Maranda, Dr. Pierre, Universite Laval, Quebec, Canada - To aid preparation of the unpublished research materials of Dr. Elli Kongas Maranda for archival deposit with the Musee de la Civilisation, Quebec, Canada
Barham, Dr. Lawrence, U. of Liverpool, Liverpool, UK -To aid 10th CHaGS conference on 'Resilience and Vulnerability in Hunter-Gatherer Research,' 2013, U. of Liverpool, in collaboration with Dr. Thomas Widlok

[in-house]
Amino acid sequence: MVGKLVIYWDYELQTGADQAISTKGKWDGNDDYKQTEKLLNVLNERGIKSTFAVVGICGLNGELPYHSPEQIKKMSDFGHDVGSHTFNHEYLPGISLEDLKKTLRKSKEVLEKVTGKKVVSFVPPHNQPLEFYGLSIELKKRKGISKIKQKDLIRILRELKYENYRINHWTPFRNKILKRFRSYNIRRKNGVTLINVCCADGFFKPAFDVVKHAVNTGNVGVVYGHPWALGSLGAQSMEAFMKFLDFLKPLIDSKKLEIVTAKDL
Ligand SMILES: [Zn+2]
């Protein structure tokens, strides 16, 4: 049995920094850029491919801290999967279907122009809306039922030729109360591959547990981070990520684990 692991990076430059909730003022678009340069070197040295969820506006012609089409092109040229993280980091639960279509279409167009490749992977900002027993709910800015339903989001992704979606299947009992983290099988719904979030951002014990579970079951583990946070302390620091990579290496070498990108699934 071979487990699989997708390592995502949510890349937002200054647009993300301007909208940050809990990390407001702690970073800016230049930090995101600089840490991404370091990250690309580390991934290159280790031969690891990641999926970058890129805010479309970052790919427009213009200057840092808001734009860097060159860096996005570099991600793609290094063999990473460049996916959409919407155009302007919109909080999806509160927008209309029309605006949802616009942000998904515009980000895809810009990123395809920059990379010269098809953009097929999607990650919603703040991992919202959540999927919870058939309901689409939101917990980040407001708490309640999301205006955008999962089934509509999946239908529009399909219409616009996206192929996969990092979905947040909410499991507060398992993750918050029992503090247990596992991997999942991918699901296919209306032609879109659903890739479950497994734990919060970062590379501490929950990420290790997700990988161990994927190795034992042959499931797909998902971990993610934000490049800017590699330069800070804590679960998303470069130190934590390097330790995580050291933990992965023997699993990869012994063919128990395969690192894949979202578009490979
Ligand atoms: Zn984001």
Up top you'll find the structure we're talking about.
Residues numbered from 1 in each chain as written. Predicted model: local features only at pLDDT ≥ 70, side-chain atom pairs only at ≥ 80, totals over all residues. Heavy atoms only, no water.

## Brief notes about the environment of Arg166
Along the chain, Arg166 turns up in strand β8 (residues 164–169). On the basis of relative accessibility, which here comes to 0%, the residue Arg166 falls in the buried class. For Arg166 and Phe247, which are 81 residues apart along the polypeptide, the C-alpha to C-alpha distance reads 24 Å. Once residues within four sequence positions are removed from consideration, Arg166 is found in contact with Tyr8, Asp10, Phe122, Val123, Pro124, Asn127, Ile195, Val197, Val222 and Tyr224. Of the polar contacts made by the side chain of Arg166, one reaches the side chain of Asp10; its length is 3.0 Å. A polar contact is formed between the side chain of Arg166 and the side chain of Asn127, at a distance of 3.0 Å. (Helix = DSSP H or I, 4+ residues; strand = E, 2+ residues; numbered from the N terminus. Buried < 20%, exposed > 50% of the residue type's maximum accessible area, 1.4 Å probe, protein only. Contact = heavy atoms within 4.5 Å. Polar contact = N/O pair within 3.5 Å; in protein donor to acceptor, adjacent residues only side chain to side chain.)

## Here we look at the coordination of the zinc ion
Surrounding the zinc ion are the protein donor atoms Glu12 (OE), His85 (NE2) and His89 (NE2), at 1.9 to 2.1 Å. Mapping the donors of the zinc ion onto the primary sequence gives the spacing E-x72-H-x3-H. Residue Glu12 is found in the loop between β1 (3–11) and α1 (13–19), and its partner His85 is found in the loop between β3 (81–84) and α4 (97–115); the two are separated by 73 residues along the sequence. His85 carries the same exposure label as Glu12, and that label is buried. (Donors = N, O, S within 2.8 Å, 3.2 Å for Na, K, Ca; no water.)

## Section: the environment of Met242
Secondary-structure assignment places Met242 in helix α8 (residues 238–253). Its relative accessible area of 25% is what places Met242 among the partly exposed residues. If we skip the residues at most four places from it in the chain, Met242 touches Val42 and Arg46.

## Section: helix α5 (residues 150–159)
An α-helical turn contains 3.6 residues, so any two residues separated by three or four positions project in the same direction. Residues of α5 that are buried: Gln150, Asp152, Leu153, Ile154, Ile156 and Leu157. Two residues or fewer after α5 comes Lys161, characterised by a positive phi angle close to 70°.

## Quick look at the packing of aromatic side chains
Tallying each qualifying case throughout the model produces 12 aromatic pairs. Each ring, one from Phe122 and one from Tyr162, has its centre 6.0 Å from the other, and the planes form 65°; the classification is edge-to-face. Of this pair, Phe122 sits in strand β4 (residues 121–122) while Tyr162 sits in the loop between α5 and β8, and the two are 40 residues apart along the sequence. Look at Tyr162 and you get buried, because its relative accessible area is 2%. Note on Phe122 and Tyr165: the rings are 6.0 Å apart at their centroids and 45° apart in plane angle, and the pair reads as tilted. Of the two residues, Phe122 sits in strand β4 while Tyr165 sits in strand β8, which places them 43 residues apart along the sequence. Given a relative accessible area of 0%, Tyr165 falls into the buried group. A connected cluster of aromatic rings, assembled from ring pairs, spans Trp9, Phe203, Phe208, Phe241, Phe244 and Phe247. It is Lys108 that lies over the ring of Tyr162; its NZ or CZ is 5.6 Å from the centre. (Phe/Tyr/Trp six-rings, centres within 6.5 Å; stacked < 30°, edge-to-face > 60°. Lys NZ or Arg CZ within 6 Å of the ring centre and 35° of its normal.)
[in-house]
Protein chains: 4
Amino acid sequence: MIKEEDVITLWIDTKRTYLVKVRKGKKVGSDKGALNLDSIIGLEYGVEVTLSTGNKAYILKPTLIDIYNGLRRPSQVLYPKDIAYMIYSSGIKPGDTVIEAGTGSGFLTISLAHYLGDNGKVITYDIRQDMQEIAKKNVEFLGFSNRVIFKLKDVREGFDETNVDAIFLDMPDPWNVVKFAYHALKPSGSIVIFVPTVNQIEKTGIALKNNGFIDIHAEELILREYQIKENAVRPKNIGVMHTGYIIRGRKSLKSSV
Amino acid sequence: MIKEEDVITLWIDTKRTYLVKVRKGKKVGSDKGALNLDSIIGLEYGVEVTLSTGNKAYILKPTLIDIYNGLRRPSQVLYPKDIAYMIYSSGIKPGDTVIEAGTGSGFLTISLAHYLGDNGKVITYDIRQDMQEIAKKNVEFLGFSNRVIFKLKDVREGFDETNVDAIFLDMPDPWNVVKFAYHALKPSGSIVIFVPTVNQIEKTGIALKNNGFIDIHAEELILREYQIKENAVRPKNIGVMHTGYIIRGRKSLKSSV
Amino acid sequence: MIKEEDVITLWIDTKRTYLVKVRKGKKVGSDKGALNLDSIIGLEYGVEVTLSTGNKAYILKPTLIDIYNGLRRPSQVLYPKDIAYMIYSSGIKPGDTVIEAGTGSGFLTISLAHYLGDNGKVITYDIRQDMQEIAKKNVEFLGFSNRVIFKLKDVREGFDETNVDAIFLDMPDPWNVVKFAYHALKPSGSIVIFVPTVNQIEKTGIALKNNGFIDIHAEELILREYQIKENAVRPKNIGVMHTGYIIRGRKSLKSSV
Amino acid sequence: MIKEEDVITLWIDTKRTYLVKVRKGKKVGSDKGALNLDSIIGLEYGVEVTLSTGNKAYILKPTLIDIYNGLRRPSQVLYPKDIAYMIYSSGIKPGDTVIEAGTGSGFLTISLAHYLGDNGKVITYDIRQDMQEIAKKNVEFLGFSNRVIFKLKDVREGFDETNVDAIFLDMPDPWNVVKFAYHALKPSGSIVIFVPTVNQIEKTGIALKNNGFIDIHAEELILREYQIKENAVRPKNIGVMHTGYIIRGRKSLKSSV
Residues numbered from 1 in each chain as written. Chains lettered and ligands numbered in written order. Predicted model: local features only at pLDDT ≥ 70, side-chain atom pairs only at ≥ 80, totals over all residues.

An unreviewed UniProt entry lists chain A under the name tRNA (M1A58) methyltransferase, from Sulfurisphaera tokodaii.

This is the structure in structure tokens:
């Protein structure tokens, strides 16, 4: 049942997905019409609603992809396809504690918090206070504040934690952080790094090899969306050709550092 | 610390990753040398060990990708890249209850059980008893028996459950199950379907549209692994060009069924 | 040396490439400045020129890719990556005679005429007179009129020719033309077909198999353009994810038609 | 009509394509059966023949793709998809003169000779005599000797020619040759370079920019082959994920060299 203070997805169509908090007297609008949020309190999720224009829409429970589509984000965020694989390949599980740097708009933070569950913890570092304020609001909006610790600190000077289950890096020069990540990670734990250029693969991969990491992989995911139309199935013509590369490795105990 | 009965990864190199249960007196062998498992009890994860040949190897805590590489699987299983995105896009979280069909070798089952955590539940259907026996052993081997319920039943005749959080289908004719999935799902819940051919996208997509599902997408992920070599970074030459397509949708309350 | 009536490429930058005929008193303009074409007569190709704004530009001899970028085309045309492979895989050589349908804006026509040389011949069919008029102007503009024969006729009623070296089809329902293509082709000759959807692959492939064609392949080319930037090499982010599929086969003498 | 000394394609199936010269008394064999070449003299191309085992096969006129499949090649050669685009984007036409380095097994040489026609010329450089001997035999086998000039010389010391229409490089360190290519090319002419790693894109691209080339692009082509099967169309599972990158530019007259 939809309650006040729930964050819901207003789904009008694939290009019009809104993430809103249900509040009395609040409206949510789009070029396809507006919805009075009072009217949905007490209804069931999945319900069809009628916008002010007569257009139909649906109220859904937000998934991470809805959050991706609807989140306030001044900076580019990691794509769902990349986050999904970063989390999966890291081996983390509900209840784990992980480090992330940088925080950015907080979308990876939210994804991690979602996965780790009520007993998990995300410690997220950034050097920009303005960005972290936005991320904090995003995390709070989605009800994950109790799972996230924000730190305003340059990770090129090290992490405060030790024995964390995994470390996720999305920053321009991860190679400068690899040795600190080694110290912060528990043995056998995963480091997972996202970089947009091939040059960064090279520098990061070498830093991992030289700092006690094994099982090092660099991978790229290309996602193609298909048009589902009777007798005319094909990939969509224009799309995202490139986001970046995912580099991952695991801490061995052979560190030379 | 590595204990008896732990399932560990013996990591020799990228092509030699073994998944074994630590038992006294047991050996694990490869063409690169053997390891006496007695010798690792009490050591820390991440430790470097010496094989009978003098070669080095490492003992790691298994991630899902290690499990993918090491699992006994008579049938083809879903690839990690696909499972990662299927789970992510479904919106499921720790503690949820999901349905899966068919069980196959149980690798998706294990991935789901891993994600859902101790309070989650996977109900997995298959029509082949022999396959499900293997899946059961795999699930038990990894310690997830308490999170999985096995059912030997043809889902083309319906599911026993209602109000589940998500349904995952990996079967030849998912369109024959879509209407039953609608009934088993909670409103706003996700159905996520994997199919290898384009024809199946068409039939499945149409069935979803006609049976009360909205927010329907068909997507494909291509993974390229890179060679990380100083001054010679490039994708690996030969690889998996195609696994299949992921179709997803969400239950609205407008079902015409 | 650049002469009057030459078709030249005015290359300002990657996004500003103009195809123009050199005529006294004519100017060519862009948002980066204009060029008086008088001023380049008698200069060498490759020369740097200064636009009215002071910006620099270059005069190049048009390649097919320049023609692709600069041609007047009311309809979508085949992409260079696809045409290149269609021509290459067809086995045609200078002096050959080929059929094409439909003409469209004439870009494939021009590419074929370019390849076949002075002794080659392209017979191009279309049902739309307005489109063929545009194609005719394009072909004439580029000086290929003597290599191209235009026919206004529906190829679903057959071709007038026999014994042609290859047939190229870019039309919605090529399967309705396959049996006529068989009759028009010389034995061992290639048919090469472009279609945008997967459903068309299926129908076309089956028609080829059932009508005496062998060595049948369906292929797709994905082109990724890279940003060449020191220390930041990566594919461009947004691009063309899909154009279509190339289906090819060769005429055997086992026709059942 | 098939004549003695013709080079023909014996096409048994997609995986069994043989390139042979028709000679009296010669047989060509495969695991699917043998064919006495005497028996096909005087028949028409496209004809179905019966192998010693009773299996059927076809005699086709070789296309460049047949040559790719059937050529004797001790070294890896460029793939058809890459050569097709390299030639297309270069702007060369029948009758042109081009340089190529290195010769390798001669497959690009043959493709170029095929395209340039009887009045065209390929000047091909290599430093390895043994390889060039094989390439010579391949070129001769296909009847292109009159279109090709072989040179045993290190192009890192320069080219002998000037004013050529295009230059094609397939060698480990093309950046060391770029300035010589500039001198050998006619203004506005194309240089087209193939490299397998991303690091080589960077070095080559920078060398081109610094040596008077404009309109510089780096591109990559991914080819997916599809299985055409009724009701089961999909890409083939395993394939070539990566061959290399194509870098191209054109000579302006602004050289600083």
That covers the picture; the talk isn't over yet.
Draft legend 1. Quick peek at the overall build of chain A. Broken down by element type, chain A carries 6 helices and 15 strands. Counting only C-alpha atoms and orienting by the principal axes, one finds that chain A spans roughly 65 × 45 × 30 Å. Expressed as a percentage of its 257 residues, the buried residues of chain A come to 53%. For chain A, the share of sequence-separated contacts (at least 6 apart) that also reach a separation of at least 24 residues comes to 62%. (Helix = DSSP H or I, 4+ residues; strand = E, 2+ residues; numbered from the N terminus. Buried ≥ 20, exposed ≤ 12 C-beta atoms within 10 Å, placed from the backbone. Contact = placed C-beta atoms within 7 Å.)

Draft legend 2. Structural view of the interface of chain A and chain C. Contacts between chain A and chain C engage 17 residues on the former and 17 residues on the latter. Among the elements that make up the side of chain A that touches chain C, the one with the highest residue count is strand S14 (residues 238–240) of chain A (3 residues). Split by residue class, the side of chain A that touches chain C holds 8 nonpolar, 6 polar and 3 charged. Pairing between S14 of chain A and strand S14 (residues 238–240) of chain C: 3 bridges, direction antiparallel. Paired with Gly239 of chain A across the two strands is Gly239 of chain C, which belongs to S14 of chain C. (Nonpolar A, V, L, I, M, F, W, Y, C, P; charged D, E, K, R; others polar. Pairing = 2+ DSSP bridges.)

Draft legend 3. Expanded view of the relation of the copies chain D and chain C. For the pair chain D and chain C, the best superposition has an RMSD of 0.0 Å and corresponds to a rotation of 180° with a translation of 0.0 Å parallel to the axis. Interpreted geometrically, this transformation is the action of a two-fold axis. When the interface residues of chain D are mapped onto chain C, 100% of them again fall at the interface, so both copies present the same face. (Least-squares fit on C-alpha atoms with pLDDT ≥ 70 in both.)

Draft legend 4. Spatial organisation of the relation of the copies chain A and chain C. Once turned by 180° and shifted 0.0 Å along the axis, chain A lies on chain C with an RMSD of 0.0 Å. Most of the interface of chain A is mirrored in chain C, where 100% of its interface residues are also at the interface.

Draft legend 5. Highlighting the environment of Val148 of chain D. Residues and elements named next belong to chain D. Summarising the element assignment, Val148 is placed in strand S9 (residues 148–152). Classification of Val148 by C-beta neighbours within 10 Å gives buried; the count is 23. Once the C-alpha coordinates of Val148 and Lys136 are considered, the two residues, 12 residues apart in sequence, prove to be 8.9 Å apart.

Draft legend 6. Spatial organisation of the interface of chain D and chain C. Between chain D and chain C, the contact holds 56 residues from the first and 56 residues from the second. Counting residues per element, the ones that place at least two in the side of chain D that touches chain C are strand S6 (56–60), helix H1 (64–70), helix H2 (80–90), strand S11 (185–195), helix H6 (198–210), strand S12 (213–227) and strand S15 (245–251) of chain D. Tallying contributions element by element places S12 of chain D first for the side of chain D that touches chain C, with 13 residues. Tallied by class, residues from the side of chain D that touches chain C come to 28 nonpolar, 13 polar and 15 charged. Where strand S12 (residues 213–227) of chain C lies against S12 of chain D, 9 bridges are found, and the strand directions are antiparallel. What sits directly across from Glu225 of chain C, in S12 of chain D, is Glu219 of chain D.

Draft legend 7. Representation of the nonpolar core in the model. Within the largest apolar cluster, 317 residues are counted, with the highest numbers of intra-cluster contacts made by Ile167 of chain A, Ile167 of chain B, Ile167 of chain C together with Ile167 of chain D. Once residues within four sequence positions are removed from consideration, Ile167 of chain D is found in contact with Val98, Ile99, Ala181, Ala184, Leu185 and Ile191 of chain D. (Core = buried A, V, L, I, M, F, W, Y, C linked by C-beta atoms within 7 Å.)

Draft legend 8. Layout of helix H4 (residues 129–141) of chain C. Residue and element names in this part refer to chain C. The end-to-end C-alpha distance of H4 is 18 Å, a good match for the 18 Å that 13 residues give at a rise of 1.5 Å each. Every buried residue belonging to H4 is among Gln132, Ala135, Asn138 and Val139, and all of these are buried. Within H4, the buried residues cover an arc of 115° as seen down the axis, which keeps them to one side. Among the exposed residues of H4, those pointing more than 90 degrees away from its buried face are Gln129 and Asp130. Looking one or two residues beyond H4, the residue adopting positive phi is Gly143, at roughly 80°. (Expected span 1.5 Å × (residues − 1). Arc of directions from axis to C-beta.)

Preliminary abstract: In 2013 it will be 10 years since the last international conference on hunting and gathering societies took place. The proposed 10th Conference on Hunting and Gathering Societies, CHaGS 10, provides a forum for the research results that have since emerged in a field which continues to be one of the few domains in anthropology where research across all four anthropological subdisciplines takes place. The main theme of the conference to be held in Liverpool, UK, is 'Resilience and Vulnerability' which is highly relevant to hunter-gatherer research but also more generally in a world struggling with economic, cultural and ecological turmoil. In its 20 panels CHaGS 10 will seek to show what the world in general and hunter-gatherer research in particular might learn from some of the most resilient but also most vulnerable of societies past and present. The conference will include fresh empirical input on the current state of hunter-gatherer research in the context of resilience and vulnerability, and it will also provide room for discussions concerning methodological innovations for current and future research in this domain that has decreasing opportunities for conventional field research. There is no anthropological association, nor any other conference that would be in the position to fulfil this role and ChaGS 10 will provide the opportunity to create the institutional tools, in terms of an academic organization and in terms of a regular publication outlet, that ensure the continuity of hunter-gatherer research into the future